Hot, Sour and Tasty Crabmeat and Asparagus Soup
Strolling through Central Market the other day, I noticed a common thing in almost every fruit and vegetable stand —the fresh, locally grown vegetables are arriving. Rhubarb, spinach, scallions and spring onions, watercress and other herbs are beginning to appear at most of the farm stands, along with my personal favorite spring vegetable, asparagus.
Asparagus’ popularity goes back to the earliest times in recorded history. There is a recipe for asparagus in the oldest surviving recipe book, from the third century, and the vegetable is seen on an Egyptian frieze dating to 3,000 B.C.
Asparagus is low in calories and sodium and high in potassium, protein, fiber and vitamins A, C and E. There are studies linking asparagus to important health benefits. It is high in antioxidants and folate, which is critical for pregnant women and in the prevention of heart disease, and has been proven to help reduce the loss of calcium, which is important as people age.
So why is asparagus the ugly stepsister in the vegetable garden? Its appearance in the dining room has been known to send kids running and screaming in fits of apoplexy. One of my daughters worked herself into such a frenzy over asparagus on her plate that she sat crying at the dinner table, accusing us of child abuse, treason, sedition, even of a personal vendetta against her. And those were the nicer things she said.
If only she would try it — just one taste. I’ve grilled it over hot coals; roasted it with pine nuts and olive oil; steamed it with lemon juice and served it with Hollandaise sauce (what could be better than a sauce made from butter and eggs?); and stir-fried it with carrots, water chestnuts, sesame seeds and sesame oil. Yet all I get at dinnertime is crocodile tears. But I forge ahead, looking for the recipe that will create the “light bulb” moment when she realizes — and she will, some day — how wonderful asparagus really is.
I like asparagus so much that I have endured the years it takes to make an asparagus plant productive. However, since it isn’t quite ready yet at home, I picked up a couple of beautiful bunches from the Stoners at market, and I’m going to be a little adventurous with this wonderful delicacy. I’ve adapted this recipe from one I learned from my chef-mentor. Enjoy.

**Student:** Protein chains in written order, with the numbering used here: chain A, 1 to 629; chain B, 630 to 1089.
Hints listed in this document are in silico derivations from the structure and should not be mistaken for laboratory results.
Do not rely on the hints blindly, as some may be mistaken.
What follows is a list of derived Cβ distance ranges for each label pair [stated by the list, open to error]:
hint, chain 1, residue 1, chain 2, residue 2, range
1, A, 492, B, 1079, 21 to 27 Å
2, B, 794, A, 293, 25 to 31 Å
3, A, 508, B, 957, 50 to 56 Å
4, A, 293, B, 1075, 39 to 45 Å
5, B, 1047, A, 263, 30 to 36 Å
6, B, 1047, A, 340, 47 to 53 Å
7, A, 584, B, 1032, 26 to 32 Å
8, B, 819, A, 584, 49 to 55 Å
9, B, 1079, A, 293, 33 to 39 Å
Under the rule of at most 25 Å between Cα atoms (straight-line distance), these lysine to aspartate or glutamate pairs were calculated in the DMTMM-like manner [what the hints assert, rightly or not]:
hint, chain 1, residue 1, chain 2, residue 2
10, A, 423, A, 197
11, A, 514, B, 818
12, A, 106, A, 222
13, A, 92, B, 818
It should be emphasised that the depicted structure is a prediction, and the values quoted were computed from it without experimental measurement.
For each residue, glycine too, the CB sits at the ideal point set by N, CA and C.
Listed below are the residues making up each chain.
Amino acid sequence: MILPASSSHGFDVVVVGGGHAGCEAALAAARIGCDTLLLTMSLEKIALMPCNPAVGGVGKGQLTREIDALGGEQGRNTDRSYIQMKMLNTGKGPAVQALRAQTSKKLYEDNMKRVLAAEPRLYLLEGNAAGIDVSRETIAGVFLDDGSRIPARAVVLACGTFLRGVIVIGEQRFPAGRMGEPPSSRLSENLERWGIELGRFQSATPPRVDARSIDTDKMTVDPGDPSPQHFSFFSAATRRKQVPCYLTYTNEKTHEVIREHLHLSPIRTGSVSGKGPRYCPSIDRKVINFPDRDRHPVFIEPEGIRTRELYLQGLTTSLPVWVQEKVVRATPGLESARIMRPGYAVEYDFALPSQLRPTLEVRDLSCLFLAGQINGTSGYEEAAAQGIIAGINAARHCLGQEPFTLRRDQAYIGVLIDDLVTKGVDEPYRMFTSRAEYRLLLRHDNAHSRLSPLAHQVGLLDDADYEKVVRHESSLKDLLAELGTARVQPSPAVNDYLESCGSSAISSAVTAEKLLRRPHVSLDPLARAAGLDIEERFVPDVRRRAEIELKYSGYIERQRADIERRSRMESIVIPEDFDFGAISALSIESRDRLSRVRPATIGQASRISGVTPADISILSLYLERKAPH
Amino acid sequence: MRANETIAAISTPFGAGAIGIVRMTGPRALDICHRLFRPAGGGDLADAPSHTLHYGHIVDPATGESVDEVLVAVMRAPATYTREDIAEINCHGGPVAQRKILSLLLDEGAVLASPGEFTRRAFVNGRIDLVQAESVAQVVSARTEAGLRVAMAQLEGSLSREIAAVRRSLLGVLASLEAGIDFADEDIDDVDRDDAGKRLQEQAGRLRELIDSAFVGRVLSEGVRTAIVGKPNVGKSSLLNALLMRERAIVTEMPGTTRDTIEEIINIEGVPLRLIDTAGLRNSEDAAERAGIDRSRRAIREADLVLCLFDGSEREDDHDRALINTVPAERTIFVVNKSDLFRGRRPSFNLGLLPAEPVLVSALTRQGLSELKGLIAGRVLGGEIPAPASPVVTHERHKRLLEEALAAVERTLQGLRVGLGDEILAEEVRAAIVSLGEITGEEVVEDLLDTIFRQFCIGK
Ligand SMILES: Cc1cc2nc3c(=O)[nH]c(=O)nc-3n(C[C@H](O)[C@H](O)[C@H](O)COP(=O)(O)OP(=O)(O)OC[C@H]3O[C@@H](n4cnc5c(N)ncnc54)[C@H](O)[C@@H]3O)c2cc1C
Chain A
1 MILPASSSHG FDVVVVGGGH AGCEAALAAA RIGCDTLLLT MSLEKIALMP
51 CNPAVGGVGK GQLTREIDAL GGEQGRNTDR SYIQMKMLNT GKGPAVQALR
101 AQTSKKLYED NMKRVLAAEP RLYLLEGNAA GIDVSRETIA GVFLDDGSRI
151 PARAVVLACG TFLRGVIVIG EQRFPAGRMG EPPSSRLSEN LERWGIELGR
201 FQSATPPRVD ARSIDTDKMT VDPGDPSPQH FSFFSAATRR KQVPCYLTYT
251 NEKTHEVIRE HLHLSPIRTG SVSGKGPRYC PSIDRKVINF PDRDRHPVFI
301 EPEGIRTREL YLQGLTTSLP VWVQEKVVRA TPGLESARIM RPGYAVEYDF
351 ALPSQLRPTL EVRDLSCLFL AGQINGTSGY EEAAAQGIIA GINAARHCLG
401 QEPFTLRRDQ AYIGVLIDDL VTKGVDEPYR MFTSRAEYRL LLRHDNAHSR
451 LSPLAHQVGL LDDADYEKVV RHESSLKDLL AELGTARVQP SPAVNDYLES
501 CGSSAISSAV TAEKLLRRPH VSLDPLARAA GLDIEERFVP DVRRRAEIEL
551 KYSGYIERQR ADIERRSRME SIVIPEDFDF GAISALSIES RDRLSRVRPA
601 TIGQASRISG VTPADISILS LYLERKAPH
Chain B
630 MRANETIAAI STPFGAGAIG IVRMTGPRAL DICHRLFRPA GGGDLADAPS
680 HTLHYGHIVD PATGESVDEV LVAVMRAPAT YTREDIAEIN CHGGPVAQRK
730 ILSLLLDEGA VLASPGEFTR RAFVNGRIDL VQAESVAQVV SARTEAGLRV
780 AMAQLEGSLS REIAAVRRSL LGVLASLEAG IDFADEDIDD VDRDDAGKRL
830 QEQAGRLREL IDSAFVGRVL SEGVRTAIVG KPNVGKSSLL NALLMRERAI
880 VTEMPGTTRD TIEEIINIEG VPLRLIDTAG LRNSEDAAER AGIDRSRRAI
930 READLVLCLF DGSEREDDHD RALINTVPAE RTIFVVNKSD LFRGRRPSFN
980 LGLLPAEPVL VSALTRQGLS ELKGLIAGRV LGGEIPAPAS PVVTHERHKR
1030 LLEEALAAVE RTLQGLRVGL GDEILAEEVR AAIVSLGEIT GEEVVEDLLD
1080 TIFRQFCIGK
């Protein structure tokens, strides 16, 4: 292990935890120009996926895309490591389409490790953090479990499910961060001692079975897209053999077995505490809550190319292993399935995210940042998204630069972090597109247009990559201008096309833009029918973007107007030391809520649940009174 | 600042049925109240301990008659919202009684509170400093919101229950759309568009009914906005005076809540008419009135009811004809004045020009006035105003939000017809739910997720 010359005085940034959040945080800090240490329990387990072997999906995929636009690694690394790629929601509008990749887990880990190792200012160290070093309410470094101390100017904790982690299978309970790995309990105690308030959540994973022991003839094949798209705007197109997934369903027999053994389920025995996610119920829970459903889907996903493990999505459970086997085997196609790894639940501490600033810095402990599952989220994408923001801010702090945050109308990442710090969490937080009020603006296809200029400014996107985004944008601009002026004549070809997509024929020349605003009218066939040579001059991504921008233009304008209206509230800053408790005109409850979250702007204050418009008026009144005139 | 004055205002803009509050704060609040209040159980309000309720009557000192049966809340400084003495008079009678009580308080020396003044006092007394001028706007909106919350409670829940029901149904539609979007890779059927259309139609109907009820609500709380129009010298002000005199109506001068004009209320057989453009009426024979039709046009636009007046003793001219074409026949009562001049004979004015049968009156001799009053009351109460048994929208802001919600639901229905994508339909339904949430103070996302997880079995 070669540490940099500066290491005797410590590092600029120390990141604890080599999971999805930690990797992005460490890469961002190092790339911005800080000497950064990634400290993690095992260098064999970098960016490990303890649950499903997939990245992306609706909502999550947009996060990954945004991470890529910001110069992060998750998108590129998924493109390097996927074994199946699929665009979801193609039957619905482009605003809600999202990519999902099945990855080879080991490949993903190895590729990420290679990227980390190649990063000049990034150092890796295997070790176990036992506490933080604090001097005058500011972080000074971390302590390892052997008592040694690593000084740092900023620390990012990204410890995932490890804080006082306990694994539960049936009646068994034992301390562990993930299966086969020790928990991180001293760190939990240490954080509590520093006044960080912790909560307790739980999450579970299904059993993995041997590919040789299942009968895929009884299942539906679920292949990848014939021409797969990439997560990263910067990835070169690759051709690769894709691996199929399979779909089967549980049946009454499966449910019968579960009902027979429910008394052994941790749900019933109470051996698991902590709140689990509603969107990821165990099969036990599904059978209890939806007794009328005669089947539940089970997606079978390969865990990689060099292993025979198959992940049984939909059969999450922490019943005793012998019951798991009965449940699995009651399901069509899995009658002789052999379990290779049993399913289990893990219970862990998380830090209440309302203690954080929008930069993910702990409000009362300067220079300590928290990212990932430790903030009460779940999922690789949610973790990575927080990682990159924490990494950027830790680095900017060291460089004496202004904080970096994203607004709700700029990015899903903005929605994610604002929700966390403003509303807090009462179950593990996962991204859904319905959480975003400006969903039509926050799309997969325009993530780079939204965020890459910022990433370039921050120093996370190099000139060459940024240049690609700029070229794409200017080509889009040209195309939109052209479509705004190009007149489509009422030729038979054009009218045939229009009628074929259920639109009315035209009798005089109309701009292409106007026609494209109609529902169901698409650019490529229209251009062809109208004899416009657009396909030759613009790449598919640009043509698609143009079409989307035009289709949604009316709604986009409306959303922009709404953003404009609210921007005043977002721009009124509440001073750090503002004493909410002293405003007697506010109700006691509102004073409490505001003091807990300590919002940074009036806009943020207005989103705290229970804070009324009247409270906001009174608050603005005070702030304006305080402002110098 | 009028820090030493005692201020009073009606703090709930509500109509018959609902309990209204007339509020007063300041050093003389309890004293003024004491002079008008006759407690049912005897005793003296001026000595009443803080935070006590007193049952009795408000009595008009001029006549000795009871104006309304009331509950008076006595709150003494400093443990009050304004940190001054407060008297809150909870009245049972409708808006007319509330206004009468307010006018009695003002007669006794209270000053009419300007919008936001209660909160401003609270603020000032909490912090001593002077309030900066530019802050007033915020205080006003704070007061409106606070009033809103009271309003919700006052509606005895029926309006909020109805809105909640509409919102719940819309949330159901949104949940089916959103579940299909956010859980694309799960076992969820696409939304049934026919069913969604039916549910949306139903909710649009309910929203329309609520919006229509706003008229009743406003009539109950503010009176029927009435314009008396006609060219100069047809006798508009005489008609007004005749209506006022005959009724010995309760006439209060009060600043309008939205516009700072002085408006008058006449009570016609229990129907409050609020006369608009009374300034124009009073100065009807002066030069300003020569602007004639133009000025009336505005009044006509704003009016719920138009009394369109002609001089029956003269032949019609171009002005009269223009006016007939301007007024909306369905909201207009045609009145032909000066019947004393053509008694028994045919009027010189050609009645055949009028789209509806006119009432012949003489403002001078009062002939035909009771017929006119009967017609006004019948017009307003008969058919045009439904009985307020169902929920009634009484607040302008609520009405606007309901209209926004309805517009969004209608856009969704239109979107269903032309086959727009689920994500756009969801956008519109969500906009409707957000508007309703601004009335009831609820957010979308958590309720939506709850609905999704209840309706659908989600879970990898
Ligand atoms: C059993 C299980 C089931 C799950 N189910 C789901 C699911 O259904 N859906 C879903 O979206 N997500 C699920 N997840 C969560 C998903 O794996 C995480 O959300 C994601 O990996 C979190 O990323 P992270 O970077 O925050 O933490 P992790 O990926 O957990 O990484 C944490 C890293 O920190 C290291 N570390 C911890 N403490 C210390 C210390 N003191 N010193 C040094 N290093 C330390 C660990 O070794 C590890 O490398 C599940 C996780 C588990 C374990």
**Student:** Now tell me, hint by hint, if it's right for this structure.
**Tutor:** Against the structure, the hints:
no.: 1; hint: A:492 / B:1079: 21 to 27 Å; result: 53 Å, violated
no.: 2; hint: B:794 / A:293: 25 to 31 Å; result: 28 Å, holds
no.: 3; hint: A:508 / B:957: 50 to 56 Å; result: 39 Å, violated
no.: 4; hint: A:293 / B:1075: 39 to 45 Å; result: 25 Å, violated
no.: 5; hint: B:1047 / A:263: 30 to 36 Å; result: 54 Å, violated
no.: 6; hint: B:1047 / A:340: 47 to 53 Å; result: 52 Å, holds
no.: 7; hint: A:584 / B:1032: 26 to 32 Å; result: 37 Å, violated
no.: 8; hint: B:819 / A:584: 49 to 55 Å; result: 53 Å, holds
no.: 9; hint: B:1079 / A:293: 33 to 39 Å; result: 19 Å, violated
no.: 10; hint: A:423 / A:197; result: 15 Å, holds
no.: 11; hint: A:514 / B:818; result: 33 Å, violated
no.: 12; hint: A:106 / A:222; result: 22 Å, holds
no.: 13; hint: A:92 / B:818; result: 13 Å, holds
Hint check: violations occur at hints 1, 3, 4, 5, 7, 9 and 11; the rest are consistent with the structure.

GINGER CRAB AND ASPARAGUS SOUP
1 pound fresh, young asparagus, half green, half white, reserving 6-8 tips for garnish
1 tablespoon peanut oil
2 scallions, roots removed, chopped diagonally into 1/2-inch slices
1-inch section fresh ginger, minced very fine
4 cups vegetable stock
4 tablespoons rice wine vinegar
1 teaspoon hot chili oil
1/2 pound fresh crab meat or 1 can
3 tablespoons reduced-sodium soy sauce
1/2 teaspoon white pepper
2 tablespoon cornstarch
4 tablespoons cold water
1 tablespoon toasted sesame-seed oil
1 egg, lightly beaten
3 tablespoons fresh chopped cilantro
Holding the spears by the ends, gently break the asparagus and discard the stem end. Wash thoroughly and cut into 2-inch pieces. Plunge into boiling water for 3 minutes, then immediately into cold water and ice cubes. Allow them to cool completely, then drain.
Heat the peanut oil in a heavy enamel soup pot. Add the scallion and ginger and sauté for 30 seconds. Add the stock, vinegar, chile oil, asparagus, crab, soy sauce, 2 tablespoons cilantro, and pepper and bring to boil. Reduce heat to lowest setting and simmer for 10 minutes.
Dissolve cornstarch in cold water, add slowly to the soup, stir until boiling, reduce heat to low-medium, and simmer 3-4 minutes, until soup begins to thicken.
Remove from heat. Add toasted sesame oil and stir well. Then gently stir while adding the egg very slowly, to get the beautiful egg threads that only restaurants seem to get right.
Garnish with cilantro and asparagus tips, and serve hot.